Lay people's sense making of climate engineering: a cross-country focus group study
Victoria Wibeck (Department of Thematic Studies - Environmental Change)
Anders Hansson (Linköping University)
Paper short abstract:
The study is based on results from a cross-country study of how lay people make sense of climate engineering. We have conducted 23 focus groups in Japan, New Zealand, USA and Sweden with 136 participants and analyze e.g. climate emergency arguments, risks, trust, agency and governance.
Paper long abstract:
This paper presents preliminary results from a cross-country study of how lay people make sense of climate engineering, i.e. controversial proposals for large-scale, deliberate manipulation of the Earth's climate by technologies for sunlight reflection or carbon dioxide removal from the air. In contrast to earlier focus group studies, which have mostly focused on single countries, this paper presents preliminary results from an ongoing study, where we conducted focus group interviews among lay people in four geographically and culturally diverse countries: Japan, New Zealand, the USA and Sweden. Focus group methodology has proved fruitful for analyzing not only what participants think about different topics, but also how they make sense of unfamiliar, controversial or complex issues. As such, focus groups generate data well suited for sense-making analysis. In total we conducted 23 focus groups with altogether 136 participants. To our knowledge, this is to date the largest focus group study on geoengineering. The paper will discuss varieties and commonalities in sense-making across the focus groups, with regard to e.g. climate emergency arguments, risks, possibilities, trust, agency and governance. We will pay particular attention to sense-making strategies, such as the use of analogies, metaphors and narratives. This analysis will contribute to the STS literature on public engagement with climate engineering, meaning making processes concerning novel technologies and the relation between human, society and nature. The paper is co-authored by A. Hansson, V. Wibeck, J. Anshelm, L. Dilling, R. Hauser, P. Feetham and S. Asayama.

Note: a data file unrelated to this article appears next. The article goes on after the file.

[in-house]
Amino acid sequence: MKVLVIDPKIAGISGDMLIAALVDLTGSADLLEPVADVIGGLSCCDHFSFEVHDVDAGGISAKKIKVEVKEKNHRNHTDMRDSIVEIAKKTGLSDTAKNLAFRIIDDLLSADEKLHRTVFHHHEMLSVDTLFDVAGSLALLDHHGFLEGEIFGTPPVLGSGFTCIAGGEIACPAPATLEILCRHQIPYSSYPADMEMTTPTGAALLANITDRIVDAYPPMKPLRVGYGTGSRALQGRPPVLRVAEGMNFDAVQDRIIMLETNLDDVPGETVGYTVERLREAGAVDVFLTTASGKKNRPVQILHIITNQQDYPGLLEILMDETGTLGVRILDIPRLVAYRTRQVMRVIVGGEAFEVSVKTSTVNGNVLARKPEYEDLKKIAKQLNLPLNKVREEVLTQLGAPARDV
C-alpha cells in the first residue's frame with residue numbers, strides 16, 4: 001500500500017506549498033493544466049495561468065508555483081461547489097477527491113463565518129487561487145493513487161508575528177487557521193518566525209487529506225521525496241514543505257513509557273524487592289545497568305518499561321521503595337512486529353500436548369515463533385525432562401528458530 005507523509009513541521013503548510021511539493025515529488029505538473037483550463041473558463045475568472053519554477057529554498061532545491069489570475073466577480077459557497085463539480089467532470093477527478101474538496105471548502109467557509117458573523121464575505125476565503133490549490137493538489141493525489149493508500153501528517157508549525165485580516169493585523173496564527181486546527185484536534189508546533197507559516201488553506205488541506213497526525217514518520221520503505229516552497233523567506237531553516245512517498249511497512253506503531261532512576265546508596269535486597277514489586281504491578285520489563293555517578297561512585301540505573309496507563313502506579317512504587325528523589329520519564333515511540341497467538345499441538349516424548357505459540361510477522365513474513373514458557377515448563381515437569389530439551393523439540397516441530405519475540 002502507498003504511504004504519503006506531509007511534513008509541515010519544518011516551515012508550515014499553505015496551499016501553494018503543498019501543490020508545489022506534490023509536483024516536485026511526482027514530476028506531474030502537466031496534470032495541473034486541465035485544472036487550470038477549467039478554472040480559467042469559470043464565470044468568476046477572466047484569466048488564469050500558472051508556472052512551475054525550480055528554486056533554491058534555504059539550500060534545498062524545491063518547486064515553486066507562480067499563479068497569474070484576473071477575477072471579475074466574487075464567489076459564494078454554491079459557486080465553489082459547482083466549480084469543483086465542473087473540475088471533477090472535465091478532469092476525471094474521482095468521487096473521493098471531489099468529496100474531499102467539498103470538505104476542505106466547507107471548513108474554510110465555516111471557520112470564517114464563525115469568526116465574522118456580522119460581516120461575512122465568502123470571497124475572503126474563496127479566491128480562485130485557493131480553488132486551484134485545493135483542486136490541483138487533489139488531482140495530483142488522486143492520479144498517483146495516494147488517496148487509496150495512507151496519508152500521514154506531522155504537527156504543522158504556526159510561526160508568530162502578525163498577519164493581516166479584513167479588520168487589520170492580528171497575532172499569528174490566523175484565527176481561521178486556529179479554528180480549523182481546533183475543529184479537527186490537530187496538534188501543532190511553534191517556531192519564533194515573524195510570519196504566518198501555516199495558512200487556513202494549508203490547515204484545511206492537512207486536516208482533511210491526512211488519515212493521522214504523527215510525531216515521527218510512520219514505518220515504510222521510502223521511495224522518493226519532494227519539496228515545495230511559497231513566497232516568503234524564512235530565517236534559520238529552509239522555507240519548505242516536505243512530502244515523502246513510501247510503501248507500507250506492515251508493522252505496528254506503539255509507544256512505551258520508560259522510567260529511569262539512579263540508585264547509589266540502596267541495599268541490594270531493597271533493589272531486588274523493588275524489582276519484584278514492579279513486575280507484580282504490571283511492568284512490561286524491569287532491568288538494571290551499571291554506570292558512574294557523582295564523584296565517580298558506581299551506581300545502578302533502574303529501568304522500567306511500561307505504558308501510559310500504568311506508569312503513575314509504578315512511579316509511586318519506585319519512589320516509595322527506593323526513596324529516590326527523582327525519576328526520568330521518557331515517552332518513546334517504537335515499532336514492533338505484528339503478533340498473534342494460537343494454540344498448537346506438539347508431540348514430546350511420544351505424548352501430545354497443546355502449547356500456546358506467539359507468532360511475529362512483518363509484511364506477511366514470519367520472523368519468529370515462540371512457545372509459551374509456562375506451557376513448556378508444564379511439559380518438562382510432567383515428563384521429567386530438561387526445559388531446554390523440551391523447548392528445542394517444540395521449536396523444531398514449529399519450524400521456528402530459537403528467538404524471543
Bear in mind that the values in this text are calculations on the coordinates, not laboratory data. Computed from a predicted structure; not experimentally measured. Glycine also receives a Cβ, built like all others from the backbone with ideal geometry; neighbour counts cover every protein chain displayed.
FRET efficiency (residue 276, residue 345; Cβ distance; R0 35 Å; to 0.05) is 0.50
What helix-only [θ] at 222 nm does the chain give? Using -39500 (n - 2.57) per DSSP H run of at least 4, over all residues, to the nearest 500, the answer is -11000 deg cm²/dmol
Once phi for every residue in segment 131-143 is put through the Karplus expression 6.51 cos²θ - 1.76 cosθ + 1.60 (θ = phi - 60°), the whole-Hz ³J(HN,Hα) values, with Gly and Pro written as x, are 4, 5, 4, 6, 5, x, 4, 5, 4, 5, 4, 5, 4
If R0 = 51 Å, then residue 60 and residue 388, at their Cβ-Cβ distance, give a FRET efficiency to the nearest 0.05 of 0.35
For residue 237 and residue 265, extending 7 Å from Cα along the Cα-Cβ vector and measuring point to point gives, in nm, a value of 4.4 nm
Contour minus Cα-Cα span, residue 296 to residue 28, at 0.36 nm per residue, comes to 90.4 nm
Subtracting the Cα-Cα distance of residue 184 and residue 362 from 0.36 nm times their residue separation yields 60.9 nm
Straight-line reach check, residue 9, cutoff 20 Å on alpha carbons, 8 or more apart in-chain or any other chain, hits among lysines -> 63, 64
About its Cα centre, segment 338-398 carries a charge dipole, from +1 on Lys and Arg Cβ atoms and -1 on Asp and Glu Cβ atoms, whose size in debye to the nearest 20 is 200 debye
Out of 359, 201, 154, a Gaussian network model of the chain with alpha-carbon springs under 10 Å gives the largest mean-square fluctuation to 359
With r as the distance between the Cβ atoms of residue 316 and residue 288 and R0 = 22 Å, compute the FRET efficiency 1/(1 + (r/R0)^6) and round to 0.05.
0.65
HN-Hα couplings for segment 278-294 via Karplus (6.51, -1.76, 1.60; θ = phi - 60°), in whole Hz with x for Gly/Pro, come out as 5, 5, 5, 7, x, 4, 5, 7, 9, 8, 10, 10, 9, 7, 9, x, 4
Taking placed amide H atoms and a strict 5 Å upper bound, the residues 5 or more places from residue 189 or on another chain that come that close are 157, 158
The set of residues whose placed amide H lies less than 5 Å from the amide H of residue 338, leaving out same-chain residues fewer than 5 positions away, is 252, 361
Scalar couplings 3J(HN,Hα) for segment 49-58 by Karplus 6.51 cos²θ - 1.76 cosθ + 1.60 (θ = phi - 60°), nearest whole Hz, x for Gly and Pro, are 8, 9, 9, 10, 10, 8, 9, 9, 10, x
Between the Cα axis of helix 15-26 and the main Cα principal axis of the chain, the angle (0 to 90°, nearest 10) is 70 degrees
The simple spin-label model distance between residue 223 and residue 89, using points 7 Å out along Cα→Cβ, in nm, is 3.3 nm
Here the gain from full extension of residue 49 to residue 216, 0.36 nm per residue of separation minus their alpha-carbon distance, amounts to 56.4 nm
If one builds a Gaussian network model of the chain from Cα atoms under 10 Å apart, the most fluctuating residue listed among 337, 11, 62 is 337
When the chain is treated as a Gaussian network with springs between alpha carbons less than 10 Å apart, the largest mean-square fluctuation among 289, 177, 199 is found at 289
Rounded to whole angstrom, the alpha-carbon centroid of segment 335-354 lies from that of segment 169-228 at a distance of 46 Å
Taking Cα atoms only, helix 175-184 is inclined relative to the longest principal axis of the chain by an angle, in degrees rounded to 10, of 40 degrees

Tackling climate change by other means: opening up geoengineering governance